Guardian wants Government to look at Google News

British newspaper group suggests Google is getting a free ride on its journalism

Barry Collins
31 Mar 2009

The Guardian Media Group has asked the Government to examine Google News and other content aggregators, claiming they contribute nothing to British journalism.

In its written response to the preliminary Digital Britain report, The Guardian argues Google reaps the benefit of content from news sites without contributing anything towards their costs.

"We welcome the interim report's focus on respect for IP and copyright, but believe there is a glaring omission from its examination of such issues: the negative effects of aggregators and search engines on the ability of and incentives for UK content providers to invest in quality content," The Guardian's submission states.

"We think the current market dynamic between content creators and search engines/aggregators is skewed heavily in the latter's favour. This is not conducive to a healthy environment for content creation in the online world."

The newspaper group argues that traffic generated by search engines doesn't compensate for the cost involved in producing content: "The argument has traditionally been that search engines and aggregators provide players like guardian.co.uk with traffic in return for the use of our content, and this is enough to make the relationship symbiotic and equal," the submission claims.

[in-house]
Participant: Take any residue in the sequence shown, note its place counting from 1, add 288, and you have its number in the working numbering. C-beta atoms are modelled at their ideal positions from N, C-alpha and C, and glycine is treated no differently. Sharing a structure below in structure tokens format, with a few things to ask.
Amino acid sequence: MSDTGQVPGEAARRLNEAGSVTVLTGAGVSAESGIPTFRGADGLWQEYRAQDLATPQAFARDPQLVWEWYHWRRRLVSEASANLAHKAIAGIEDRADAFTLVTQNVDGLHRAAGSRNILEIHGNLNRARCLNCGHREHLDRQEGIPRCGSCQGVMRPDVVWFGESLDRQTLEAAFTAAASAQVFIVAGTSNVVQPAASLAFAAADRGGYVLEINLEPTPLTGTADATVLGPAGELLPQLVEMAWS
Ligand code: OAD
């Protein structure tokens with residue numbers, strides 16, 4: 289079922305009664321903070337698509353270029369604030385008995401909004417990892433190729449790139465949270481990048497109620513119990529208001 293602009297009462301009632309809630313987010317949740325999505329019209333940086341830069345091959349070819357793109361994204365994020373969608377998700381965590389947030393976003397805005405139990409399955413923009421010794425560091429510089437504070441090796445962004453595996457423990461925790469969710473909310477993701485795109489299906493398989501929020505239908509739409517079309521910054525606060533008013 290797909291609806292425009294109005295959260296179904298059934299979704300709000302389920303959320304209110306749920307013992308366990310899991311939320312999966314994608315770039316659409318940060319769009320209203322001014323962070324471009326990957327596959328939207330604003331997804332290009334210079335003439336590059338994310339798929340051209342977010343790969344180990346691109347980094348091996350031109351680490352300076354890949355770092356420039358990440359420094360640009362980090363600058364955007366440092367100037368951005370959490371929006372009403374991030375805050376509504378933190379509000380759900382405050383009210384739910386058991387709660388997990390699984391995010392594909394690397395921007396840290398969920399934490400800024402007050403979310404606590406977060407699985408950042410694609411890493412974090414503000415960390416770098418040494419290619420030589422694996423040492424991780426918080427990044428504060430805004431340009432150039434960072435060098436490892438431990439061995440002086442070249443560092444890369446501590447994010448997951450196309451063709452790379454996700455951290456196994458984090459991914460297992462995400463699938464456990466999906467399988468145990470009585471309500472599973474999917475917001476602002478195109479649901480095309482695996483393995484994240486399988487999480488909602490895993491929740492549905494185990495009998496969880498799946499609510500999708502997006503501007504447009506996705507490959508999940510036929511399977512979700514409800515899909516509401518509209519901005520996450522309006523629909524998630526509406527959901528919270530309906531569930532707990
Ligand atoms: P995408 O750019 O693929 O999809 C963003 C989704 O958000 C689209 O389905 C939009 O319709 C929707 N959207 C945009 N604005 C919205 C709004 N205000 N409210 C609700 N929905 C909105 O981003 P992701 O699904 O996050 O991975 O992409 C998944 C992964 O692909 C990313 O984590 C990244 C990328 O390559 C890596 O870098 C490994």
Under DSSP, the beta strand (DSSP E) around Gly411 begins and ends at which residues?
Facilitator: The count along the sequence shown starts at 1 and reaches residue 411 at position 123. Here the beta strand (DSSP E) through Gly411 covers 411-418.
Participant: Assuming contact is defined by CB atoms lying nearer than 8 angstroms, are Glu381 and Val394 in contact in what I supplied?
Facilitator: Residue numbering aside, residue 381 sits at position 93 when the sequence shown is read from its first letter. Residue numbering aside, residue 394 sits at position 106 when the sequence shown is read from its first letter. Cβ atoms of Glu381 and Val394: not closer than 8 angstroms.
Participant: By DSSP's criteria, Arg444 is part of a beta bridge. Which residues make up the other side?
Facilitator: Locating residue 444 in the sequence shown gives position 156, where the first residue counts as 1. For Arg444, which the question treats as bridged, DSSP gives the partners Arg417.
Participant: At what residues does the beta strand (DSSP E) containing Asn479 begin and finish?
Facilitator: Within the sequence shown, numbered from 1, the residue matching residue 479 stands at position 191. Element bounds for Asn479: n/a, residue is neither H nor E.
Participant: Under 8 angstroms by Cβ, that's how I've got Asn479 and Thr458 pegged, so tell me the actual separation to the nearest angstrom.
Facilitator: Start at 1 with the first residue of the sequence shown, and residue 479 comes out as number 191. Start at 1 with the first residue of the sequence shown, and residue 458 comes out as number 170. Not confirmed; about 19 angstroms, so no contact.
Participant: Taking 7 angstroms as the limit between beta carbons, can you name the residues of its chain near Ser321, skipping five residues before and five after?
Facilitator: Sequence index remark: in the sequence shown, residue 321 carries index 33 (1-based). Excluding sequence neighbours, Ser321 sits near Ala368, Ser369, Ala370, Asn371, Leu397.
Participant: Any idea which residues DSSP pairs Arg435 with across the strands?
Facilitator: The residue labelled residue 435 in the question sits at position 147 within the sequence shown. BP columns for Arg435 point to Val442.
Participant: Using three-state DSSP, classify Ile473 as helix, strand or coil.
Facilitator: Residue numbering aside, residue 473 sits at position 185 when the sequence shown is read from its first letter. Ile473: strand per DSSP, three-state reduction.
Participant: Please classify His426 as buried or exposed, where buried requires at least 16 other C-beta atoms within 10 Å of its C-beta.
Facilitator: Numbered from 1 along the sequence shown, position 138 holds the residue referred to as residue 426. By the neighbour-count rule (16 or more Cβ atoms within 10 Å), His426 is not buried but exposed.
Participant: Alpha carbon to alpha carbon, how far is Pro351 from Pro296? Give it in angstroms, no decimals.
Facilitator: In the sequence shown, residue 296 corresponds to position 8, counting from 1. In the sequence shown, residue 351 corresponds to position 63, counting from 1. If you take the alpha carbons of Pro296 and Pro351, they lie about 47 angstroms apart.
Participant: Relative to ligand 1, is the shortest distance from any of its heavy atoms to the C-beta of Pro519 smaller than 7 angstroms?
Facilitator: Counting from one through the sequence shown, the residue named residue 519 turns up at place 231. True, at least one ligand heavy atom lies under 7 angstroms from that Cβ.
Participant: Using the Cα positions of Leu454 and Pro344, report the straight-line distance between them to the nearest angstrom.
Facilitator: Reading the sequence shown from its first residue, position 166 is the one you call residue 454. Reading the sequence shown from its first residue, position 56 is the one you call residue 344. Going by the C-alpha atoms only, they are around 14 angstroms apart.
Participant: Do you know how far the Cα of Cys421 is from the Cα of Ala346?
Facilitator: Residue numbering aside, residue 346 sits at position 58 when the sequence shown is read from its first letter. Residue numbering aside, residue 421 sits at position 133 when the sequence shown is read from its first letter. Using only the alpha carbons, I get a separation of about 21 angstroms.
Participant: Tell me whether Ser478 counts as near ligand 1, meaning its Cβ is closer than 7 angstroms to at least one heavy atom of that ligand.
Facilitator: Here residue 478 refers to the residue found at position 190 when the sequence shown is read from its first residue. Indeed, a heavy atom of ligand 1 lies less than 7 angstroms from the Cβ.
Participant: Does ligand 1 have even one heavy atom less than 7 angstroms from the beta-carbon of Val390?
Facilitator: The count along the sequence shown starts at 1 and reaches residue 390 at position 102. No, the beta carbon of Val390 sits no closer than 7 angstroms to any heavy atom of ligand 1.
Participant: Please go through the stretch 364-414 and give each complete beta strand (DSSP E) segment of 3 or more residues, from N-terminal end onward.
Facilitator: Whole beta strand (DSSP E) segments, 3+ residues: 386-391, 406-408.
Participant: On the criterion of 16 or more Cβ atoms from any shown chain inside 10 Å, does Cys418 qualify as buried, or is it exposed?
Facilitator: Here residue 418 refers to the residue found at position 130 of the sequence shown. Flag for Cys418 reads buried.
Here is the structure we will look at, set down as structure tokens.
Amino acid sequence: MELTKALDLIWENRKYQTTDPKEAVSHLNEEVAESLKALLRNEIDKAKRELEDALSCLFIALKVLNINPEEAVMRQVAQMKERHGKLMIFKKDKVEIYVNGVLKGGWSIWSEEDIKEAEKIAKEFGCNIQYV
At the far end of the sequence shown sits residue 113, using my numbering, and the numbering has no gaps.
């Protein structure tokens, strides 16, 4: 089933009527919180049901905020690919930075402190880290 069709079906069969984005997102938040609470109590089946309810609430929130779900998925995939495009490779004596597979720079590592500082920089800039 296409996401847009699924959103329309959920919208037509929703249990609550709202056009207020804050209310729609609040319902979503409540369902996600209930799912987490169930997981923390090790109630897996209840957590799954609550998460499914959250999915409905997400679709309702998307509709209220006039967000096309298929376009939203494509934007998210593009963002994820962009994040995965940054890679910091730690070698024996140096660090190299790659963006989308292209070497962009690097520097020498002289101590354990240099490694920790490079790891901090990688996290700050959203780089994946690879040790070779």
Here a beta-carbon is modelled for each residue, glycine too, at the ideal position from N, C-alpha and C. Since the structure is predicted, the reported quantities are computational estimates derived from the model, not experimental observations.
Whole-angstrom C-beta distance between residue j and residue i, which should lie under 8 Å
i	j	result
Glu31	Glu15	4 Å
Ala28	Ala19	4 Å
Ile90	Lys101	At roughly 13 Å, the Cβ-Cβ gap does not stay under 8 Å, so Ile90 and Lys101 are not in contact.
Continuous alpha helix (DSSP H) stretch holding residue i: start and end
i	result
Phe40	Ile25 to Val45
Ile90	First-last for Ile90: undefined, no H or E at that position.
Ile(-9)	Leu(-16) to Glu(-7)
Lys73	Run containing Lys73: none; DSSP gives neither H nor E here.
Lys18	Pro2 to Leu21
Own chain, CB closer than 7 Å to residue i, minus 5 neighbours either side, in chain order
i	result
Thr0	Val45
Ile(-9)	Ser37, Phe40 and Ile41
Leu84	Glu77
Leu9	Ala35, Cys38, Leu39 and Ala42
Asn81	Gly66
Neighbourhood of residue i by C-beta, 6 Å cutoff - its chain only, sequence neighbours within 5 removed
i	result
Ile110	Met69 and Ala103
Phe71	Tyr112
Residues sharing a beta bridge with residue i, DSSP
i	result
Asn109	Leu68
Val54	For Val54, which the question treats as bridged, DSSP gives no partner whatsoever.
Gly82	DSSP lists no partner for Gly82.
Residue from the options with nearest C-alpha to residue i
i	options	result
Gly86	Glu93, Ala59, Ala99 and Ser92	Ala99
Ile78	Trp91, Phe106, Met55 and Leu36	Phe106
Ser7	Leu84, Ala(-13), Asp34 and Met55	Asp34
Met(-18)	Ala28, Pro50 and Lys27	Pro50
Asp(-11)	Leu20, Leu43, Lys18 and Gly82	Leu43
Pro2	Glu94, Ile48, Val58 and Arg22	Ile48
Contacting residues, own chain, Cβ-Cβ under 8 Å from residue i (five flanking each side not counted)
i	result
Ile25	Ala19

"However, there is a vast over-supply in the market of advertising inventory, and yields have come under severe downward pressure. As a result, the value of the traffic generated by search engines and aggregators has reduced significantly."

The Guardian says content providers are faced with a catch-22: they can't afford to withhold content from search engines, yet can't feasibly charge consumers for it either, "not least because of the presence of the BBC and the vast quantities of free content it publishes on bbc.co.uk."

While The Guardian stops short of suggesting Google and others should be forced to pay for content, it does suggest the exploration of new models that "require fair acknowledgement of the value that our content creates, both on our own site (through advertising) and 'at the edges' in the world of search and aggregation."

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